Freymullers friendly personality won over client Ed Zajac, a retired resident of St. George, Utah. About 13 years ago, Zajac was assigned to Freymuller after his broker retired, and Zajac didnt like it one bit. The 83-year-old Zajac, a 62-year market veteran, recalls, I thought I would meet with him and keep him until he showed some negative trait, and then I would get rid of him. But that never happened. He had a nice personality. He grew on me.

Ultimately, it is the clients decision which investments to make with which broker. You can improve the odds of getting--and keeping--business if you are trustworthy, personable, communicative, forthright, and always put your clients interests first. But you know that already. Its a message driven home more forcefully by clients themselves.

Clients want brokers to communicate clearly and honestly. Theyll dump brokers that dont. Case in point: David Goudge switched to Jason Leemans, an investment adviser with Nesbitt Burns, because his previous broker was a poor communicator. I felt he was neglectful with me and impatient, Goudge says. If I had a question, he would talk over my head. Jason is not like that at all.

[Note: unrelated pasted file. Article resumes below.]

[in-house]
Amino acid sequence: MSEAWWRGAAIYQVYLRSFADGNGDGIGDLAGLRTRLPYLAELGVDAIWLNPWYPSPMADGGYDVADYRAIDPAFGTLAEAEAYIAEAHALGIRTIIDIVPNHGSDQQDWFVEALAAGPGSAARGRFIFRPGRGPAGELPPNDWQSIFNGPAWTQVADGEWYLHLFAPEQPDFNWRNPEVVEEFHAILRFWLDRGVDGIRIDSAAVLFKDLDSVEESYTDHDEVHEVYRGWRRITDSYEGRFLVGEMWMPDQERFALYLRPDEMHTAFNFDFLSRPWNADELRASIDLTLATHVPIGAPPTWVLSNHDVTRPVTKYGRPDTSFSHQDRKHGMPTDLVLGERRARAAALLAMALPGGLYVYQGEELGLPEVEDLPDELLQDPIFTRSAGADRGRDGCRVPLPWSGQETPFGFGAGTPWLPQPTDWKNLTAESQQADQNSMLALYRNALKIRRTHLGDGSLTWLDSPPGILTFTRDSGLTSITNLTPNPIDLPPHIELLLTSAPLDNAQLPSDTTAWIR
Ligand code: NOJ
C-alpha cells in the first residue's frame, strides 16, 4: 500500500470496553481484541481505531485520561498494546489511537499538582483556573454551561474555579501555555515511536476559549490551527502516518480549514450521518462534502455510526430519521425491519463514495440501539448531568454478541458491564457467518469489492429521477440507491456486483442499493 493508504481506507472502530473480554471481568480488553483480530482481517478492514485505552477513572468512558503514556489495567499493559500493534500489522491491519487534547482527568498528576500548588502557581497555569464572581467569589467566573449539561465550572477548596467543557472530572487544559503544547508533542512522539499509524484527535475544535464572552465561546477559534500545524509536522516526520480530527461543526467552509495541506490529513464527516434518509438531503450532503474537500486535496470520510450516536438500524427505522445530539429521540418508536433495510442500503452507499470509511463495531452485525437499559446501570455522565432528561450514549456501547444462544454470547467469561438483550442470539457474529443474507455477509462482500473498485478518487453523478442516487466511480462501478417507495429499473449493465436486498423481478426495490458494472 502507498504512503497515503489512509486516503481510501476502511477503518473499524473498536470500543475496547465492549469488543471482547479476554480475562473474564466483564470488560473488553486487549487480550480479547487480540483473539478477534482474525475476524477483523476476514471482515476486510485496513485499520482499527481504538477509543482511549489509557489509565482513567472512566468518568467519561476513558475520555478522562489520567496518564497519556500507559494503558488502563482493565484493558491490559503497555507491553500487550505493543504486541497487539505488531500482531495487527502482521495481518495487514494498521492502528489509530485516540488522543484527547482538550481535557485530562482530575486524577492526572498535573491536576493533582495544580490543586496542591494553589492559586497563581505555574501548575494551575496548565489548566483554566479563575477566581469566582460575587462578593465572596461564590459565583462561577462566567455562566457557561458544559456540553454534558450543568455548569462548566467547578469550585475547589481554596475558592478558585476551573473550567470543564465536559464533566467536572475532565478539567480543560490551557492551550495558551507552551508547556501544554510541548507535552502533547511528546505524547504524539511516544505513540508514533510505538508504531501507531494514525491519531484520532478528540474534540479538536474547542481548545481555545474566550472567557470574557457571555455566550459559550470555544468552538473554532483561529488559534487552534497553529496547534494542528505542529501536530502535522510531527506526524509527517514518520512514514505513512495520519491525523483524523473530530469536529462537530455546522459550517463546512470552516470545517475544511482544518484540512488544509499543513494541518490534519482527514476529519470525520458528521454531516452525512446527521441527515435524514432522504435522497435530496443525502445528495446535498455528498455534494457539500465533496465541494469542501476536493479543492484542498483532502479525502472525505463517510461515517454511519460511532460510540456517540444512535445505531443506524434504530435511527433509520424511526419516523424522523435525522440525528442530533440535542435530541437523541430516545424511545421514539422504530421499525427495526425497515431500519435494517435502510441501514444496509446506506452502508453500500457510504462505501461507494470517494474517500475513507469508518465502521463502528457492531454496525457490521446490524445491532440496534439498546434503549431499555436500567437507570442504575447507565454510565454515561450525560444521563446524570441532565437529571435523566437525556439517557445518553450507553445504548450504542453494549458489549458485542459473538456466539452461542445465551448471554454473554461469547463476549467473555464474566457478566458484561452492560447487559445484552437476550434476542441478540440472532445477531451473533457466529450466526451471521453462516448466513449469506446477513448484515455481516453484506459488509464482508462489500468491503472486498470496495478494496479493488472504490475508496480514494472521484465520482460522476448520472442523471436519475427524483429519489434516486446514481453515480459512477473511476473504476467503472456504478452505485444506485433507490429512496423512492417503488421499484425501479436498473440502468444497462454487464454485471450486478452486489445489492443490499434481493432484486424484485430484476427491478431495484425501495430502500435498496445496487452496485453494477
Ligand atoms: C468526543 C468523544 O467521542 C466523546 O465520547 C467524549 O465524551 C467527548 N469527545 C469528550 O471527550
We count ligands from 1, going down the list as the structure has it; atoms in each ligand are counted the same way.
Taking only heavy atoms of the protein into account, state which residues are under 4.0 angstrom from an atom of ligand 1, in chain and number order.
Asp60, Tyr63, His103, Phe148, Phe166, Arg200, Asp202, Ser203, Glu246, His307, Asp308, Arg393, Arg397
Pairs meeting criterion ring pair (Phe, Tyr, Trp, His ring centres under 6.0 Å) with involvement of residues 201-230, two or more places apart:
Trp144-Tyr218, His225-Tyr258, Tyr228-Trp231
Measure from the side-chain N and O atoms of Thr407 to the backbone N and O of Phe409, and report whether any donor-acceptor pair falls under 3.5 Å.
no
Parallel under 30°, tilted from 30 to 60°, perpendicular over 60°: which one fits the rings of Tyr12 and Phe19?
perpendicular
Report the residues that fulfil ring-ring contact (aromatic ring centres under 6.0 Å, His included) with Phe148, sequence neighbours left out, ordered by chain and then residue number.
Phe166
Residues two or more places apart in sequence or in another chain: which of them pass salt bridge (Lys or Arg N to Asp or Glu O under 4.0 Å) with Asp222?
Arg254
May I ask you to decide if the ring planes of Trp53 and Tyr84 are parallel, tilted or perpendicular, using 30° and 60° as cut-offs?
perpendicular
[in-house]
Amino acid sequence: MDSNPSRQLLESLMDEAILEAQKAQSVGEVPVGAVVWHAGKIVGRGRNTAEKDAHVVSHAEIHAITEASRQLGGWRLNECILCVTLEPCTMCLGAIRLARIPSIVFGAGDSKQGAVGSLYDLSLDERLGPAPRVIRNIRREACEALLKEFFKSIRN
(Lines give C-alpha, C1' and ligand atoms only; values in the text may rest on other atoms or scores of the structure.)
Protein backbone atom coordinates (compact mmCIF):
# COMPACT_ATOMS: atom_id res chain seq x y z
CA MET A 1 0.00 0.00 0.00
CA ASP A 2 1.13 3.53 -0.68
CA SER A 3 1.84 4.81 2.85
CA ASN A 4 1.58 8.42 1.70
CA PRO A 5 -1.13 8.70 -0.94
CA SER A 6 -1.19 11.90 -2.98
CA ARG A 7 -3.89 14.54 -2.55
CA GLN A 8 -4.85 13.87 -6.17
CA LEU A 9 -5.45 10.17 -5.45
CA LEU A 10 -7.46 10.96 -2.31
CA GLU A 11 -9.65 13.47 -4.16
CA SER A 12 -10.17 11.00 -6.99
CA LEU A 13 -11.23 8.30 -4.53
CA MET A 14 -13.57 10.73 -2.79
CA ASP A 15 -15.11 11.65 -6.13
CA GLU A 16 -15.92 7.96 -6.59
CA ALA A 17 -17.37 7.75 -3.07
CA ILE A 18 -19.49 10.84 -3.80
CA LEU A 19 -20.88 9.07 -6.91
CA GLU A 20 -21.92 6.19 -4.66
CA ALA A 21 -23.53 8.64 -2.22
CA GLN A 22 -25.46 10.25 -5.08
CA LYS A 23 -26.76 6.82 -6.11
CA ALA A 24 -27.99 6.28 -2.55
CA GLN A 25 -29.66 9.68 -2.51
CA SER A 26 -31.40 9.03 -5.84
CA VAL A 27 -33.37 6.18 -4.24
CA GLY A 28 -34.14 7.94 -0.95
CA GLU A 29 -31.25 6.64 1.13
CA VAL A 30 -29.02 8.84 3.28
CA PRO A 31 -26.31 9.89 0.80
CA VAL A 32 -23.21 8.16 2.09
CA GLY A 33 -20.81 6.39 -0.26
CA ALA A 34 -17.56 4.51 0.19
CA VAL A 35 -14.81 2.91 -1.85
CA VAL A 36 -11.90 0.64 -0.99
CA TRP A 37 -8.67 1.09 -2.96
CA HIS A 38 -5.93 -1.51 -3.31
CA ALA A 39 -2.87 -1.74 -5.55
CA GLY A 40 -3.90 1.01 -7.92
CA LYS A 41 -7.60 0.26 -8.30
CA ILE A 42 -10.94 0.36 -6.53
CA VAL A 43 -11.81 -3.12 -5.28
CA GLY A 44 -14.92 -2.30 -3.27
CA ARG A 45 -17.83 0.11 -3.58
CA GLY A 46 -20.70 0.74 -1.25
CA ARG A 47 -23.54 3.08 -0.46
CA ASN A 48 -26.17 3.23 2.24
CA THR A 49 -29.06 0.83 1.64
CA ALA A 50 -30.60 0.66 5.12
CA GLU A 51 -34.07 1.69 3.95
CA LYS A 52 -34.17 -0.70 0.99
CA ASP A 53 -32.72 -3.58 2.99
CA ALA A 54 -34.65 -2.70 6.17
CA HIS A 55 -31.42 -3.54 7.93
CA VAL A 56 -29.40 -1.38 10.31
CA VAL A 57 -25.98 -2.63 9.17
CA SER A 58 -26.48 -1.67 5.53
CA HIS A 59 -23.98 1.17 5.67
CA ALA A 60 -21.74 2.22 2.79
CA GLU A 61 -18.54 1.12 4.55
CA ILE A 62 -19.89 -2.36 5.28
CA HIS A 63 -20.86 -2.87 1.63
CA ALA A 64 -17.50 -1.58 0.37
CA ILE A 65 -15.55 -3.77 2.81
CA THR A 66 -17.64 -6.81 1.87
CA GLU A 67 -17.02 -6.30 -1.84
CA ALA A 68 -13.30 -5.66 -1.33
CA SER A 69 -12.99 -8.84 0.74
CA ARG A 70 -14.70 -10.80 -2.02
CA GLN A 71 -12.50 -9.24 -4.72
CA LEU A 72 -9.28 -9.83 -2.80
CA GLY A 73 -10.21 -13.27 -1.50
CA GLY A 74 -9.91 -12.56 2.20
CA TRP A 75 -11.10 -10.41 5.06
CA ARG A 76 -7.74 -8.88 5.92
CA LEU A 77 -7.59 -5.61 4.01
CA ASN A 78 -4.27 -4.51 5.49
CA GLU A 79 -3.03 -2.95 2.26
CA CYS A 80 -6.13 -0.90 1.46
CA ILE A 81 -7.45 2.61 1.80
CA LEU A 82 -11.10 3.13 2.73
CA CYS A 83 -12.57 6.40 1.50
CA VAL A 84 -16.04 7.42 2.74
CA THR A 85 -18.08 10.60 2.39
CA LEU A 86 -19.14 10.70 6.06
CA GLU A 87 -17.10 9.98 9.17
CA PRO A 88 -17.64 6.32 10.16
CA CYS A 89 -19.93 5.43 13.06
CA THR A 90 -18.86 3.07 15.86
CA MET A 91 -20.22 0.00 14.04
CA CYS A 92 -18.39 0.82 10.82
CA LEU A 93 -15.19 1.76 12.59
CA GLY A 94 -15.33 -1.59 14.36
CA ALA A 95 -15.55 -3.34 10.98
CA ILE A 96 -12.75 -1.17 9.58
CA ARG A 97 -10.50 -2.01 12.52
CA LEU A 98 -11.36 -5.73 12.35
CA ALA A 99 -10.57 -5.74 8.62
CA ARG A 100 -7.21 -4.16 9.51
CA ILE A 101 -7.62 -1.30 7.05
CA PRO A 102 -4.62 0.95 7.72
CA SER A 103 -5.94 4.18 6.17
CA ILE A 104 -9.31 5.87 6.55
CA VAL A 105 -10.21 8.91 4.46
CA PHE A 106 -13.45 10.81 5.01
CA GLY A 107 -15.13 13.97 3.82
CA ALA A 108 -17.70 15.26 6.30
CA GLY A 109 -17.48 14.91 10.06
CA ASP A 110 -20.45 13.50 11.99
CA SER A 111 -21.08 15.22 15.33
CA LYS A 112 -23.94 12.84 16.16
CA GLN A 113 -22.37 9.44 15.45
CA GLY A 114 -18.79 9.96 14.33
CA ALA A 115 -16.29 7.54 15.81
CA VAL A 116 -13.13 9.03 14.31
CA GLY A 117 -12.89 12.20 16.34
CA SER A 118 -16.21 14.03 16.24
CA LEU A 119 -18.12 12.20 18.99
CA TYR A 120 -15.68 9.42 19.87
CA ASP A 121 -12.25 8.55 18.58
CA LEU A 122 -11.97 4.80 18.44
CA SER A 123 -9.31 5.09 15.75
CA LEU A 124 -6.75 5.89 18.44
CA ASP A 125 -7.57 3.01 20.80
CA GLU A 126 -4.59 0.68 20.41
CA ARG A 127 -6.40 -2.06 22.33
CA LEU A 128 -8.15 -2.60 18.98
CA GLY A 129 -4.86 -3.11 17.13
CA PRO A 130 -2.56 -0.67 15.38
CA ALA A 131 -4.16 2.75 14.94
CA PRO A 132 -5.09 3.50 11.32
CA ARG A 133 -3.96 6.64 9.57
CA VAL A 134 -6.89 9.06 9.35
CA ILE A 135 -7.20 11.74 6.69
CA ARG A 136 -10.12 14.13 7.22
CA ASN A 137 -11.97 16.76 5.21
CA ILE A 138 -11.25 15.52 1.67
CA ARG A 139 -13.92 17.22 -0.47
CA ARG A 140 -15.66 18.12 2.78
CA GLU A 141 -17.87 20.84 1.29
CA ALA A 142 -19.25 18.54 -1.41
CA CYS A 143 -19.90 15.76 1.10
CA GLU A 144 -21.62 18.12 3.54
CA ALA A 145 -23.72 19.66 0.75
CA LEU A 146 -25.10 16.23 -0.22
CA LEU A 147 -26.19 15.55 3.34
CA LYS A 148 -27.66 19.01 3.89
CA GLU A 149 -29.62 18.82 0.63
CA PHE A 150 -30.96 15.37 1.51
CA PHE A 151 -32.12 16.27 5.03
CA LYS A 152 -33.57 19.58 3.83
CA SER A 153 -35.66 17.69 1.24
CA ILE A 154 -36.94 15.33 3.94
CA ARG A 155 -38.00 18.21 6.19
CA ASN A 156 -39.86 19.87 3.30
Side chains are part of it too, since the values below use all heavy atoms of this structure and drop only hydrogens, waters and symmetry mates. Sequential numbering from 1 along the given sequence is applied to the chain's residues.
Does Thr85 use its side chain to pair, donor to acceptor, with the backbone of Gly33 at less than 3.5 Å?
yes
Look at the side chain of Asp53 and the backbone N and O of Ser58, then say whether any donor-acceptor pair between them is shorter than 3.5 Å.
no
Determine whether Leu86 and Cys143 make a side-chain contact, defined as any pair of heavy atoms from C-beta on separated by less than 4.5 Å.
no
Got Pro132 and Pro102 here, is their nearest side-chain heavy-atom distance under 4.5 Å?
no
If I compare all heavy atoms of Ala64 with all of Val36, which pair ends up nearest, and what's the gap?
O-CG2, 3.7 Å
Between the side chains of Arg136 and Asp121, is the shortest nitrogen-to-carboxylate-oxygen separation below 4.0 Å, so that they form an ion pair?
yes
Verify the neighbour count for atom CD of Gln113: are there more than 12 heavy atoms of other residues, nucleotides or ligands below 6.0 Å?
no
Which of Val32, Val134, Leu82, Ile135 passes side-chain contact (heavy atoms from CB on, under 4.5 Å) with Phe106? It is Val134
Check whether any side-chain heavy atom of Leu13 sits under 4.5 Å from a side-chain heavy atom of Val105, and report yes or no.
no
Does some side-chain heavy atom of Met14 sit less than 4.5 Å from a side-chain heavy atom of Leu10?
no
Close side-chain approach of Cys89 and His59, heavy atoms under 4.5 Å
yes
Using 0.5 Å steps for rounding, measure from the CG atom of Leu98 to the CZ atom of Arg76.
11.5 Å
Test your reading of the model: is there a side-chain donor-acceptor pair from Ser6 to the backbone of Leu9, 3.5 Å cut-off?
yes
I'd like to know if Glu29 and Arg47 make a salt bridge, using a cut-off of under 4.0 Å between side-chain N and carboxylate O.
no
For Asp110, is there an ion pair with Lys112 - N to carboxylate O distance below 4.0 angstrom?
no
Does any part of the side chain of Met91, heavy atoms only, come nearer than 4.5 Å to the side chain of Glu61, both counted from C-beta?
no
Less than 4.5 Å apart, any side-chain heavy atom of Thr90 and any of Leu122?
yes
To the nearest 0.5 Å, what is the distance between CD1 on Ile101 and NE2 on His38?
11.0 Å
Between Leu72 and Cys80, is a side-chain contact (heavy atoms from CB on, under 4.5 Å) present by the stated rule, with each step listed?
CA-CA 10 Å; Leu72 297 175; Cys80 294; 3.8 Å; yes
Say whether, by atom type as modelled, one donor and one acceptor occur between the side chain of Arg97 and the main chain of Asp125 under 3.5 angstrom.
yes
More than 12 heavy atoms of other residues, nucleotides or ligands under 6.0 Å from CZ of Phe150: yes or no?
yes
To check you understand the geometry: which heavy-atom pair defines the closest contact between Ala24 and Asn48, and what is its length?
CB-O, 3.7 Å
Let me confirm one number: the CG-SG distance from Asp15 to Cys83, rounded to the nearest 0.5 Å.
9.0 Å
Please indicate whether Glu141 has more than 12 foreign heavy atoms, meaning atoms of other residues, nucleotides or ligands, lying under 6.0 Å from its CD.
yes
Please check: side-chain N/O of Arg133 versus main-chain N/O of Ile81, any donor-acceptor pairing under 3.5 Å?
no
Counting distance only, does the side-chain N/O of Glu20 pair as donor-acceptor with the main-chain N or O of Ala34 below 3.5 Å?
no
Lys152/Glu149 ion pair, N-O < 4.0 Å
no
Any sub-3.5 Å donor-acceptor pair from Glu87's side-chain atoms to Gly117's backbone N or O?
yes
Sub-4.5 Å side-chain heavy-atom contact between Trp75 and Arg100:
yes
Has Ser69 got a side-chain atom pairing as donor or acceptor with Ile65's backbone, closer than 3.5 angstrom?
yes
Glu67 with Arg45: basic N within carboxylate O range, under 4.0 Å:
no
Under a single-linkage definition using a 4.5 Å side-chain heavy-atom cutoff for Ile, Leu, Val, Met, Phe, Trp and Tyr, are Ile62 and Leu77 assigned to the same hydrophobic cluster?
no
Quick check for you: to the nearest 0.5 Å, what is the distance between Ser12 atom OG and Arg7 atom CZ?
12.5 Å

Herb Isermann, a retired Milwaukee engineer, switched brokers about seven years ago because his previous brokers werent communicating with him, and they were doing a lousy job, he says. After receiving a letter from Gene Szaj and Ken Fockel of The Disciplined Investor Group, he decided to meet with them. I thought they were plain, down-to-earth, Isermann says. They explained what they tried to do and how to do it. Theyre personable, and they listen to you.

Effective communication is based on honesty, and clients appreciate brokers who tell it like it is.

Dennis Waetzig says that when he started working with Carol Rogers of Rogers & Co., a Corporate Securities Group firm, he almost fired her because she was not expressing her opinion about his ideas. I said, Carol, youre not my wife, mother or father. If Im a dumb-ass, just tell me. After that, Rogers would tell me her opinion--not what I wanted to hear, Waetzig says.